Dreamgirls

posted December 26, 2006 02:45:38 AM CST | 43 comments

HipHopDX Editor's Rating:

Average User Rating:

3.52

23 people have voted.

5 is the most popular ranking.

12 people gave it a perfect five.

Cast your vote »

Turning Broadway hits into blockbuster movie musicals is a notoriously risky business, but few filmmakers are as qualified to give it a go as Bill Condon, whose adaptation of Chicago earned him a Best Screenplay Oscar nomination back in 2003. To start with, he enlisted a knockout cast that includes Oscar-winner Jamie Foxx, Grammy-winner Beyonce and Eddie Murphy, in what is arguably the most remarkable performance of his career as waning soul legend James “Thunder” Early. He’s also got a sizzling, gospel-influenced R&B score that includes several new songs by composer Henry Kreiger (who co-wrote the original with the late Tom Eyen), not to mention a sensational story about the pitfalls of selling one’s soul in the name of greed.

That story, for those weak on music history, is loosely based on the rise and fall of The Supremes, whose original lead singer Florence Ballard was replaced by Diana Ross, whom Motown founder Berry Gordy found prettier, skinnier and more likely to cross over to white audiences. In Dreamgirls, ambitious car salesman-turned-talent manager Curtis Taylor Jr. (Foxx) replaces sassy, brassy belter Effie White (Jennifer Hudson) as lead singer of the Dreams with her childhood pal and backup singer Deena Jones (Beyonce), for essentially the same reasons. Set in Detroit against the backdrop of the Civil Rights movement, the story follows the group’s struggle for equality in a music industry that allows white artists to co-opt black music and water it down until it’s deemed fit for mainstream consumption. But the only color Curtis sees is green, and with Deena as his malleable wife he begins to drain the color from the Dreams so they can play white clubs, top pop charts and live Hollywood’s champagne wishes and caviar dreams.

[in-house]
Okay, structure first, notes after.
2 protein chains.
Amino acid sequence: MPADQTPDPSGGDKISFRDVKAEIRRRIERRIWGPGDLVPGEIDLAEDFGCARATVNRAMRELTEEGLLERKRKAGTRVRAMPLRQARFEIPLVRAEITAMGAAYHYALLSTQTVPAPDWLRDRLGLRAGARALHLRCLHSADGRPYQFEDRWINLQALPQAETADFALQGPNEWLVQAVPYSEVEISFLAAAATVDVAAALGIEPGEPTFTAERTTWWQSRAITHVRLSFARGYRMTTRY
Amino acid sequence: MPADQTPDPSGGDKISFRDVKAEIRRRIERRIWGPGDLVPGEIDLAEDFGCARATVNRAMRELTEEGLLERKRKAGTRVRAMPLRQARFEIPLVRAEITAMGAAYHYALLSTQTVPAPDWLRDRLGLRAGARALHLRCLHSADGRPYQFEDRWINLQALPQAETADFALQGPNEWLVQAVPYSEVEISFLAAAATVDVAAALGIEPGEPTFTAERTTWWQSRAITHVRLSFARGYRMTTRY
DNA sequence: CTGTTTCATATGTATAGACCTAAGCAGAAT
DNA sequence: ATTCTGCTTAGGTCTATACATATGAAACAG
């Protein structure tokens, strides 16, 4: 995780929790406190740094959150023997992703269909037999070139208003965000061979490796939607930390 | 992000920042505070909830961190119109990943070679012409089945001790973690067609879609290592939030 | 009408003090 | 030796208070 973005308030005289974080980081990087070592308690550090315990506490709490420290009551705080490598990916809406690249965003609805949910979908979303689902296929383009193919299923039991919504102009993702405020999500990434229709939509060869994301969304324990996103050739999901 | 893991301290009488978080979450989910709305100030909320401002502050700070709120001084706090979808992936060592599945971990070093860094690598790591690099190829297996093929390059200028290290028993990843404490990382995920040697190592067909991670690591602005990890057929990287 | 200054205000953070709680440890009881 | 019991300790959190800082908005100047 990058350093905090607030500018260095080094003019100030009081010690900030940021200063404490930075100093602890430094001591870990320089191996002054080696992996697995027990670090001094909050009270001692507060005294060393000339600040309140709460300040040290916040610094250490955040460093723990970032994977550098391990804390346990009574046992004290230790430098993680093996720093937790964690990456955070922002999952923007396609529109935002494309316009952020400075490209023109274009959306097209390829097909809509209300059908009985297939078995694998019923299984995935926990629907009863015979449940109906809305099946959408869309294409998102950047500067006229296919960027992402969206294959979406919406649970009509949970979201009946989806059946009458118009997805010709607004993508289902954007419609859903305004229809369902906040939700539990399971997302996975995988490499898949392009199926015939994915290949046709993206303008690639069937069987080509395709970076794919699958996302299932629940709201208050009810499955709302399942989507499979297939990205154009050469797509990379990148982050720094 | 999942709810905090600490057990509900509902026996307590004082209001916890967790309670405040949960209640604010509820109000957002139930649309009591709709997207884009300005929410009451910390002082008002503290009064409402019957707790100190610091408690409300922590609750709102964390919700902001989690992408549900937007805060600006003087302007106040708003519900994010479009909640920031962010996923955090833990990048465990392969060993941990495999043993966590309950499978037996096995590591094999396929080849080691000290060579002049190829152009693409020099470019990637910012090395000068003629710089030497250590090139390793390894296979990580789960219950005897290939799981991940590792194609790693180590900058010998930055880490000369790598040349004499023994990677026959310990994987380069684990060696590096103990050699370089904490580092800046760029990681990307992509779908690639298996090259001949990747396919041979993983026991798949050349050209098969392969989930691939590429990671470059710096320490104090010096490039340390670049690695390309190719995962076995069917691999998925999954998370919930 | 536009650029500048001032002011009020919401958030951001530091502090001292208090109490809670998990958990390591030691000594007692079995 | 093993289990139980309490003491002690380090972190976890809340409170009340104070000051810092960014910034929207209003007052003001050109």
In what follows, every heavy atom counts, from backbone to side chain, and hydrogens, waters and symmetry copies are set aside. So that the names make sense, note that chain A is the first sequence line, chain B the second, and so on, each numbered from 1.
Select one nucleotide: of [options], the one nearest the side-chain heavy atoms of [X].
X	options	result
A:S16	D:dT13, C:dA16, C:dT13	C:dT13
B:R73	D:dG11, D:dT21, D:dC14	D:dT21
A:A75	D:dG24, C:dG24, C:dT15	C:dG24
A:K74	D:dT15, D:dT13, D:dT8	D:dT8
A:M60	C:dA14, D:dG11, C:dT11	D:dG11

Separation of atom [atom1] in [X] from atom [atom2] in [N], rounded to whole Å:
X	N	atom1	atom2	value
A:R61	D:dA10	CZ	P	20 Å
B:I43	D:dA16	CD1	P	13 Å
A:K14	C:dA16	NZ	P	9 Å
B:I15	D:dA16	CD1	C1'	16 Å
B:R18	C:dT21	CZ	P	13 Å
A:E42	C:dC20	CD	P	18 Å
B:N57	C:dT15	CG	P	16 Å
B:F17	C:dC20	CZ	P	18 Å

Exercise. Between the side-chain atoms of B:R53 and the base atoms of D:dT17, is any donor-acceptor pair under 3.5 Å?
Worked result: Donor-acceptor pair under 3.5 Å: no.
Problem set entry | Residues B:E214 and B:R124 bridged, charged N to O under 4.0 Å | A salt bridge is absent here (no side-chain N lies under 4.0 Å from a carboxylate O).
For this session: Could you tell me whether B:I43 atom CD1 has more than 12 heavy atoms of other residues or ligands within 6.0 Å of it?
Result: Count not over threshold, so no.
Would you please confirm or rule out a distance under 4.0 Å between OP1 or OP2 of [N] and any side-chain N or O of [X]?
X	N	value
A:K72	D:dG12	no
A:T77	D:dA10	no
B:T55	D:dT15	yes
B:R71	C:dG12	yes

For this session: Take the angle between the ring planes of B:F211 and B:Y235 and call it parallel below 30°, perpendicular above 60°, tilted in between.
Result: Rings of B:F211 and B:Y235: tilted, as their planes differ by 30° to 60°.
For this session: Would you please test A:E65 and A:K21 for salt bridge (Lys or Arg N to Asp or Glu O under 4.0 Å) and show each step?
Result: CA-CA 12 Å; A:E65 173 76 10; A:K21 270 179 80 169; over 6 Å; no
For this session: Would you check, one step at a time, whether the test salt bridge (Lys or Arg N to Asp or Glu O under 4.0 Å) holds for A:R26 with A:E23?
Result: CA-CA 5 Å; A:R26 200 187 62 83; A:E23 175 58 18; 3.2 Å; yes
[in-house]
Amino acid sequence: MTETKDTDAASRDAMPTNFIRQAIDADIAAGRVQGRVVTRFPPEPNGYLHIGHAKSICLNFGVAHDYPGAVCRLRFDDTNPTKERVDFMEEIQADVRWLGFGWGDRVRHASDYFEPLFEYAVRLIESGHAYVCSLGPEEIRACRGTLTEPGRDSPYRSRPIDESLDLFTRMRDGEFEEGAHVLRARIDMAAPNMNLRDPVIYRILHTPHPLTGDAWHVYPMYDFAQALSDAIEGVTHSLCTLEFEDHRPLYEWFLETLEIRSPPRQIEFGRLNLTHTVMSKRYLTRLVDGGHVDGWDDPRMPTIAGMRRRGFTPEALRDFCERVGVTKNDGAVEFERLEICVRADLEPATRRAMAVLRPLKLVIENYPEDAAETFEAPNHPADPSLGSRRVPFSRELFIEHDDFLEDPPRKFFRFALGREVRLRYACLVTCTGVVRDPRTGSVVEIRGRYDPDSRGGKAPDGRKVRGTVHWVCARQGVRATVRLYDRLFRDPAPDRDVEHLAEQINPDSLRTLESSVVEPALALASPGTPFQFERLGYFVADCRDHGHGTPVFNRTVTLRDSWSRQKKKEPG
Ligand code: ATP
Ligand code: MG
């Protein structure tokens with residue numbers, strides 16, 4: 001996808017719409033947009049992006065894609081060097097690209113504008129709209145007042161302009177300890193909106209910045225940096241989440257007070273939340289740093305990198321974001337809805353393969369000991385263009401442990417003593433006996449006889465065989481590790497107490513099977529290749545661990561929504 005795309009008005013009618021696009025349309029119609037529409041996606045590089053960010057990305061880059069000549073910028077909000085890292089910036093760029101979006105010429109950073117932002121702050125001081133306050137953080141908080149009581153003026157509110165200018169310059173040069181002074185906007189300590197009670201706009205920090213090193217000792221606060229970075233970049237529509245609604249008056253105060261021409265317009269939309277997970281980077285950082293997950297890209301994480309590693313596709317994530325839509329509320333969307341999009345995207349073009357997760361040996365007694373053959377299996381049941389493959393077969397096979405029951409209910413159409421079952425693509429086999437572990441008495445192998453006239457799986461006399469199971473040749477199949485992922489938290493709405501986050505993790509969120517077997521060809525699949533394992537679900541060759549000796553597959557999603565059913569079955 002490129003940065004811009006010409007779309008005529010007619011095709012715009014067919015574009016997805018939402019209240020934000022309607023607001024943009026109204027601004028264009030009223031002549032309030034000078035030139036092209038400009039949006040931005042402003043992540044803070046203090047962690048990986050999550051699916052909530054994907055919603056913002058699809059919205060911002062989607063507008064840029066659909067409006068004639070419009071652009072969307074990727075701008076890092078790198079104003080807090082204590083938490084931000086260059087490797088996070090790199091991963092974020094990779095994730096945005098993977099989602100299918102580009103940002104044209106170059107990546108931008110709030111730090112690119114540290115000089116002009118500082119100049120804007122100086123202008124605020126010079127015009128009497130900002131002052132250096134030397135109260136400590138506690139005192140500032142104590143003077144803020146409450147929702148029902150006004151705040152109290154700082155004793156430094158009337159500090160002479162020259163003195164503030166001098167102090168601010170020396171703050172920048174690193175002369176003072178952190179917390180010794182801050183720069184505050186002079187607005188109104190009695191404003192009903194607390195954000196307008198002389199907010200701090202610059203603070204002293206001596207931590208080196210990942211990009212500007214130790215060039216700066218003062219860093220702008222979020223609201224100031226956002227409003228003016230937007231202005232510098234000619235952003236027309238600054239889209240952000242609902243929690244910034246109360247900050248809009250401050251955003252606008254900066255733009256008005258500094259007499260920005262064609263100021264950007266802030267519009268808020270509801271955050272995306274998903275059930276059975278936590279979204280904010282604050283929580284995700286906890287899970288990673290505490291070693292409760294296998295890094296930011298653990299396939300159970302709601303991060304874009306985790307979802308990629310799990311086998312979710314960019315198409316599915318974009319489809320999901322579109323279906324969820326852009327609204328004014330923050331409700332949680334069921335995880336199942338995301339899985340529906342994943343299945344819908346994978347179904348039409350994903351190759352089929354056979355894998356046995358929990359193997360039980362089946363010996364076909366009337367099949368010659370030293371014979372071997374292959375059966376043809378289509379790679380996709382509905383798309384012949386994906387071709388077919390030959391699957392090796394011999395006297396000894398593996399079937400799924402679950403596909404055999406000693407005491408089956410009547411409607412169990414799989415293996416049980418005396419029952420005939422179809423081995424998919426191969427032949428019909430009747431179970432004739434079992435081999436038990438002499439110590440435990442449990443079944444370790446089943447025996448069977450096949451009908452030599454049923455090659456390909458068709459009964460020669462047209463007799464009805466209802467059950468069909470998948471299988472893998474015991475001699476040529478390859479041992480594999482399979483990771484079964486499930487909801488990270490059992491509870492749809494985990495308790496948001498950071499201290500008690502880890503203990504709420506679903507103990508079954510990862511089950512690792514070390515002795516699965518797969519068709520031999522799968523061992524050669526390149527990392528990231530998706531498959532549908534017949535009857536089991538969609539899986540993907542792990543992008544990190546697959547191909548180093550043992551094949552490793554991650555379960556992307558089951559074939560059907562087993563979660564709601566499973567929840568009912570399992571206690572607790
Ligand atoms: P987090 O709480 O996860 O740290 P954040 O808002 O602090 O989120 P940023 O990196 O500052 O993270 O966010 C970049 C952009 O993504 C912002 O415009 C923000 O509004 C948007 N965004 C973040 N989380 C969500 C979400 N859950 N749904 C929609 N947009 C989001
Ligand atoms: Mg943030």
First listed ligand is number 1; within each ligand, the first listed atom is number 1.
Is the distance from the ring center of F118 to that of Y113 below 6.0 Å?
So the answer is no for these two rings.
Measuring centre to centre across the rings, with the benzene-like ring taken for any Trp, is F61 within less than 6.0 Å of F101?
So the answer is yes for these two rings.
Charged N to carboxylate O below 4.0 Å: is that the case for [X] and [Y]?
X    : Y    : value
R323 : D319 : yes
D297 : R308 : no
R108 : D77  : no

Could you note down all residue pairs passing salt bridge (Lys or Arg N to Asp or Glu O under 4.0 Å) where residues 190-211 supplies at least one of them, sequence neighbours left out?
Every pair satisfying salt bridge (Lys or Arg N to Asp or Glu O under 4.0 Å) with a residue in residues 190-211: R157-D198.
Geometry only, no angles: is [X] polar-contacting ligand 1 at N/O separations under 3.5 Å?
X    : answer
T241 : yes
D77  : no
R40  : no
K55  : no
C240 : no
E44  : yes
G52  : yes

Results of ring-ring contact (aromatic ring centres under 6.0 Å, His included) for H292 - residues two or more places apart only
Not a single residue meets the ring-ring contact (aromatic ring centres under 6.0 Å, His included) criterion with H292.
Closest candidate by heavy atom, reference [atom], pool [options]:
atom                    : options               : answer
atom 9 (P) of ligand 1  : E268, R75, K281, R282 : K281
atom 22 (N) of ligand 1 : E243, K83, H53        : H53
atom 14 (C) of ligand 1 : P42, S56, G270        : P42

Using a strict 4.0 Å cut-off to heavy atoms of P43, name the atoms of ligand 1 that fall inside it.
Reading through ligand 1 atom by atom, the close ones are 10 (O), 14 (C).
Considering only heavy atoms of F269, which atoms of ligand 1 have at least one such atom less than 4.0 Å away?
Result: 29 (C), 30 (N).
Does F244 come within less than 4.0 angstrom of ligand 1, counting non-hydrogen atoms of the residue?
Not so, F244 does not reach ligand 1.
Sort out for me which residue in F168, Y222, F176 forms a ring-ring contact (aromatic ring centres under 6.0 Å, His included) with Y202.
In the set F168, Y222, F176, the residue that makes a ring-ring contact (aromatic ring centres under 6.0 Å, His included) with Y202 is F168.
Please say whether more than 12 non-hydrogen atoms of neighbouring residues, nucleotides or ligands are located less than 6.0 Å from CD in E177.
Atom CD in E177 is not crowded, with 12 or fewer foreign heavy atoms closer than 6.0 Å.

From the flashy costumes and lively music to the performances themselves, the group’s razzle-dazzle rise is truly a wonder to behold, with audiences literally cheering the musical numbers as if it were still the ‘80s, and Jennifer Holliday was still tearing the roof off the sucker on Broadway. Which brings us to Hudson, making her big screen debut in the role that earned Holliday a Tony Award. As Effie, the former American Idol contestant grabs you by the balls and rips your heart in two, delivering a gutsy performance that begs for an Oscar nomination and an emotionally devastating take on “And I Am Telling You I’m Not Going” that dares you not to feel every last word in your bones. She’s arguably the brightest light in a mesmerizing film in which every single member of the cast and crew gets their moment to shine, making this a tough frontrunner to beat for Best Picture honors.

Share This

one moment...
Reply To This Comment

Got an account with one of these? Log in here, or just enter your info and leave a comment below.